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Comey: Trump Admin Lied About Me and FBI; Comey: I Believe I Was Fired Over Russia Investigation. Aired 4:30-5p ET

Aired June 8, 2017 - 16:30   ET



[16:31:20] JAKE TAPPER, THE LEAD HOST: And we're back with the breaking news on our politics lead a dramatic day of testimony from fired FBI Director James Comey on Capitol Hill today. Joining me now to discuss this is Democratic Senator Joe Manchin of West Virginia. He serves on the Senate Select Committee on Intelligence and he questioned Comey today. Senator, thanks so much for joining us.

Comey testified in addition to everything he had to say about President Trump, about Attorney General Loretta Lynch during the Obama years. And he said that Lynch asked him to call the FBI, Criminal Investigation into Hillary Clinton's e-mail server a matter and to avoid calling it an investigation. Take a listen.


JAMES COMEY, FORMER FBI DIRECTOR: We were getting to a place where the attorney general and I were both going to have to testify and talk publicly about it. And I wanted to know, was she going to authorize us to confirm we had an investigation? And she said, yes, but don't call it that, call it a matter. And I said, why would I do that? And she said, just call it a matter.

We had an investigation open at the time, and so that gave me a queasy feeling.


TAPPER: Senator, does it give you a queasy feeling?

SEN. JOE MANCHIN (D), WEST VIRGINIA: Yes, it does. That was very uncomforting. And we need to get more into that. You know, that's the first time that really any discussion of any length about Loretta Lynch. We've all heard about the runway incident, you know, on the Tarmac. But now knowing there might be a little bit more to discuss and to understand. But, you know, she had recused and that's when I think Comey had said at that time that's for him that we had to go along.

TAPPER: You just left the closed door briefing with Director Comey. Can you give us any sense if you revealed more details about his interactions with the President? MANCHIN: Well, he clarified. A lot of the things, Jake, if you look at the hearing that we had, the open hearing, there was lot of times that he says, I just can't talk about that in this setting. Every member that had that question that he gave an answer to, I can't talk about in this setting, they were able to ask that question in a classified setting and he was able to answer that. So, he did take it to another level and they were very prescript.

TAPPER: I know you'd taken into the details of the closed hearing but do you think President Trump obstructed justice?

MANCHIN: Jake, I'm not there yet. And I don't have any others can be there yet. The thing that I can tell you is comforting is that we have Bob Mueller, the special prosecutor, everybody. Democrats and Republicans have the utmost confidence and reliability in this man, who is beyond reproach as they tell us.

I think we are all going to take whatever he comes back with his recommendations and that's what we'll run with and that's what we'll act upon at. But he's the expert. He'll be able to get into it. And we don't know enough what he said, she said in order to make that determination.

TAPPER: Comey asserted today that he thinks he was fired because of the way he was conducting the Russia investigation. Do you agree with him?

MANCHIN: Well, he said he assumed that's the reason. It's unrealistic (ph) to consider but that's all they've talked about. And it was abnormal (ph) plan and all the different people involved there. But that was, you know, that was a sobering moment when he said that, you know, he learned about it and he thought he was in good shape up until the -- with second to third meeting and he kept coming up. Do you want the job? Why do you want the job? And he thought he'd already been asked to stay on the job before and he was going to serve out his remaining six years. So, it was a surprised to everybody and I think to him especially.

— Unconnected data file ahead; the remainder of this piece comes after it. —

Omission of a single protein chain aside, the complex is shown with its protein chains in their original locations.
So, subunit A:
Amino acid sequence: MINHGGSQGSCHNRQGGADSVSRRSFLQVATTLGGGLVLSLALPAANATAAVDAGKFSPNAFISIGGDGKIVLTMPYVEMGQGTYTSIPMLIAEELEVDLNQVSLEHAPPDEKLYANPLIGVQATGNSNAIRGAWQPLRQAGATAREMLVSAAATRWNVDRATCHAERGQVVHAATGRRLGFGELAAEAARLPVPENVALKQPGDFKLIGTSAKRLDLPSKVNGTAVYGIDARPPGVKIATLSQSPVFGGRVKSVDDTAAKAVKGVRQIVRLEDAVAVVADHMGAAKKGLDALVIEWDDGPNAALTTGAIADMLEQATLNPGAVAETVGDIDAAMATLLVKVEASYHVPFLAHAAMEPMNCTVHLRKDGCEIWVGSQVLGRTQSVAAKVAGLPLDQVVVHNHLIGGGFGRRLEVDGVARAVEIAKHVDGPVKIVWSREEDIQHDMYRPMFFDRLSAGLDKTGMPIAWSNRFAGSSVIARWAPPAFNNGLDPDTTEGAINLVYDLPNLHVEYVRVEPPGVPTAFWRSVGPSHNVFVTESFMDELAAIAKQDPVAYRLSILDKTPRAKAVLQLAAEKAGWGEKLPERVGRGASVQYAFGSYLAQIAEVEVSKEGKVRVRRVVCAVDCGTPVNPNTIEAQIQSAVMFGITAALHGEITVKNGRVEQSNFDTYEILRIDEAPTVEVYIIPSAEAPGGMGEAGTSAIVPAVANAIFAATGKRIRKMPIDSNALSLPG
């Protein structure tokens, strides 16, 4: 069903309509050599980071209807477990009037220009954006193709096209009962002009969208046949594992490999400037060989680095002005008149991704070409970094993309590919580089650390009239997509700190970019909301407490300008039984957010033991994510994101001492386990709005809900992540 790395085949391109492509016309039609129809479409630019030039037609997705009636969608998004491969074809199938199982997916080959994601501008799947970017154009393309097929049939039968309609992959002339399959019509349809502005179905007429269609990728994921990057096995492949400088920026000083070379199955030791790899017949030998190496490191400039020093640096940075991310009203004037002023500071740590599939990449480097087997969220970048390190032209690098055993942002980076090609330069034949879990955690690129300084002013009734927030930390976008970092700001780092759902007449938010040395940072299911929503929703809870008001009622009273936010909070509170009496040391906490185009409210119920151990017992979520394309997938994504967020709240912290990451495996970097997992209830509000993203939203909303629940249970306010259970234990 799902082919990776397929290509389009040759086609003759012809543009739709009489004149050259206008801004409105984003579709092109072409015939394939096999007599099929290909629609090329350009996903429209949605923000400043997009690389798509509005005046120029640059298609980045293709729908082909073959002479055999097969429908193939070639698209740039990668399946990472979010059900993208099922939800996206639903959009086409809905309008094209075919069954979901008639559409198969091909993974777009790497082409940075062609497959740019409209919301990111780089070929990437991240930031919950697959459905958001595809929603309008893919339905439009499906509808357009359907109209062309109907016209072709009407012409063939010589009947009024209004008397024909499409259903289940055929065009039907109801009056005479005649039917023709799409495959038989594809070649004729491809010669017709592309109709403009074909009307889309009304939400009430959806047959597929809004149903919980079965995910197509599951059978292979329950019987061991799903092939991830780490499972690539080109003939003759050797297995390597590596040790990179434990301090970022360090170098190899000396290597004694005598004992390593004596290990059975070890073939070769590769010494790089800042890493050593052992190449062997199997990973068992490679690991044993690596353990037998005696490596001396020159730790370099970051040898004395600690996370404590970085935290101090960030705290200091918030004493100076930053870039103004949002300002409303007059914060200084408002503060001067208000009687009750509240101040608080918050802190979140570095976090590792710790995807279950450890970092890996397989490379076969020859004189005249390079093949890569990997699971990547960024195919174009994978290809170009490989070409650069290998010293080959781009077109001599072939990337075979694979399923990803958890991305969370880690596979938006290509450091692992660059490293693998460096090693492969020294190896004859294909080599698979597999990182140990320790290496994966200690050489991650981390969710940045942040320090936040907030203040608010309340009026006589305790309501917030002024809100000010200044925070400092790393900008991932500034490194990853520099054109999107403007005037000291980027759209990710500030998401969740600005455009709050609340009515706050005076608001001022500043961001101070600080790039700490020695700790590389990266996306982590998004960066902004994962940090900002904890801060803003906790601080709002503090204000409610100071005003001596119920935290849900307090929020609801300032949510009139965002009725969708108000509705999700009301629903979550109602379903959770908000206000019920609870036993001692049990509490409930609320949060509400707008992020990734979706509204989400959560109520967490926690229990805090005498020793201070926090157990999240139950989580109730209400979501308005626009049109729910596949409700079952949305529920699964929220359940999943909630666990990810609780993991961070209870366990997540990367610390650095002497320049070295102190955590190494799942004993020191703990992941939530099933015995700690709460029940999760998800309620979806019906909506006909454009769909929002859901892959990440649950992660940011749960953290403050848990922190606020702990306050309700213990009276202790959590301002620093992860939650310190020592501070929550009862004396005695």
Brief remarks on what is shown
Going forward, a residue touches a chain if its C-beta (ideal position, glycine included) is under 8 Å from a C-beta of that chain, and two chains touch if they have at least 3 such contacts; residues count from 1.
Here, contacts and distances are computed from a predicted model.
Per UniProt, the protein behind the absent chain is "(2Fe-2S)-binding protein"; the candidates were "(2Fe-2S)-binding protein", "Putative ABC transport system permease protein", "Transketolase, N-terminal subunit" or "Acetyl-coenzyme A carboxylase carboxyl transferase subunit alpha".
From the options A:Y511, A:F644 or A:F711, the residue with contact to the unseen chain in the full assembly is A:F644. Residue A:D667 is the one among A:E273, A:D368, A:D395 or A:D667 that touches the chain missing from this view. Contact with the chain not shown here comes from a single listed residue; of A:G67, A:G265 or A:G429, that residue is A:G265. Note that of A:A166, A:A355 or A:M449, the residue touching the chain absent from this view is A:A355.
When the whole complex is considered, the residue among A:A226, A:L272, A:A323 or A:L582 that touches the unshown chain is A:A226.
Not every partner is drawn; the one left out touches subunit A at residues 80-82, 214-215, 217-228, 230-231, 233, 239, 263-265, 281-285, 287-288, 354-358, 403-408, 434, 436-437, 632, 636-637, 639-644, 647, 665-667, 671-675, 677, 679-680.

TAPPER: I want to get your reactions to this exchange from the hearing.


SEN. TOM COTTON (R), ARKANSAS: Do you believe Donald Trump colluded with Russia?

COMEY: That's a question I don't think I should answer in open setting. As I said, that we didn't -- and when I left, we did not have an investigation focused on President Trump. But that's a question that'll be answered by the investigation, I think.


[16:35:09] MANCHIN: Jake --

TAPPER: Elsewhere this testimony Comey suggest -- go ahead, sir. MANCHIN: No. I'll clarify that. I couldn't hear any clarity there. Do you think -- what did he say?

TAPPER: I'm sorry. It said, it was Senator Cotton saying, do you think President Trump colluded and he basically said that he didn't feel comfortable answering that in open hearing which a lot of people wondered what that meant.

Later Comey did suggest that not answering the question is not to imply nefarious answers. But more broadly speaking, you're on the Senate Select Committee on Intelligence, have you seen or heard any evidence of collusion not with President Trump necessarily, but with anybody who is part of the Trump campaign.

MANCHIN: Well, let's just say we have not heard any evidence about President Trump -- in collusion with President Trump. There's enough -- a lot of smoke with some associates of his and people that helped him on the campaign. And they're really getting into that in a very deep way.

Methodically going by step by step, person by person who might be involved. And any type of a chain, whatsoever with each person and all the characters and all the names that you mentioned many times. It would be Manafort and Page and all these people. So, we'll get to the facts. The Intel will take us to those facts and it will go where it should go.

TAPPER: All right, Senator Joe Manchin of West Virginia, thank you so much, we appreciate it as always.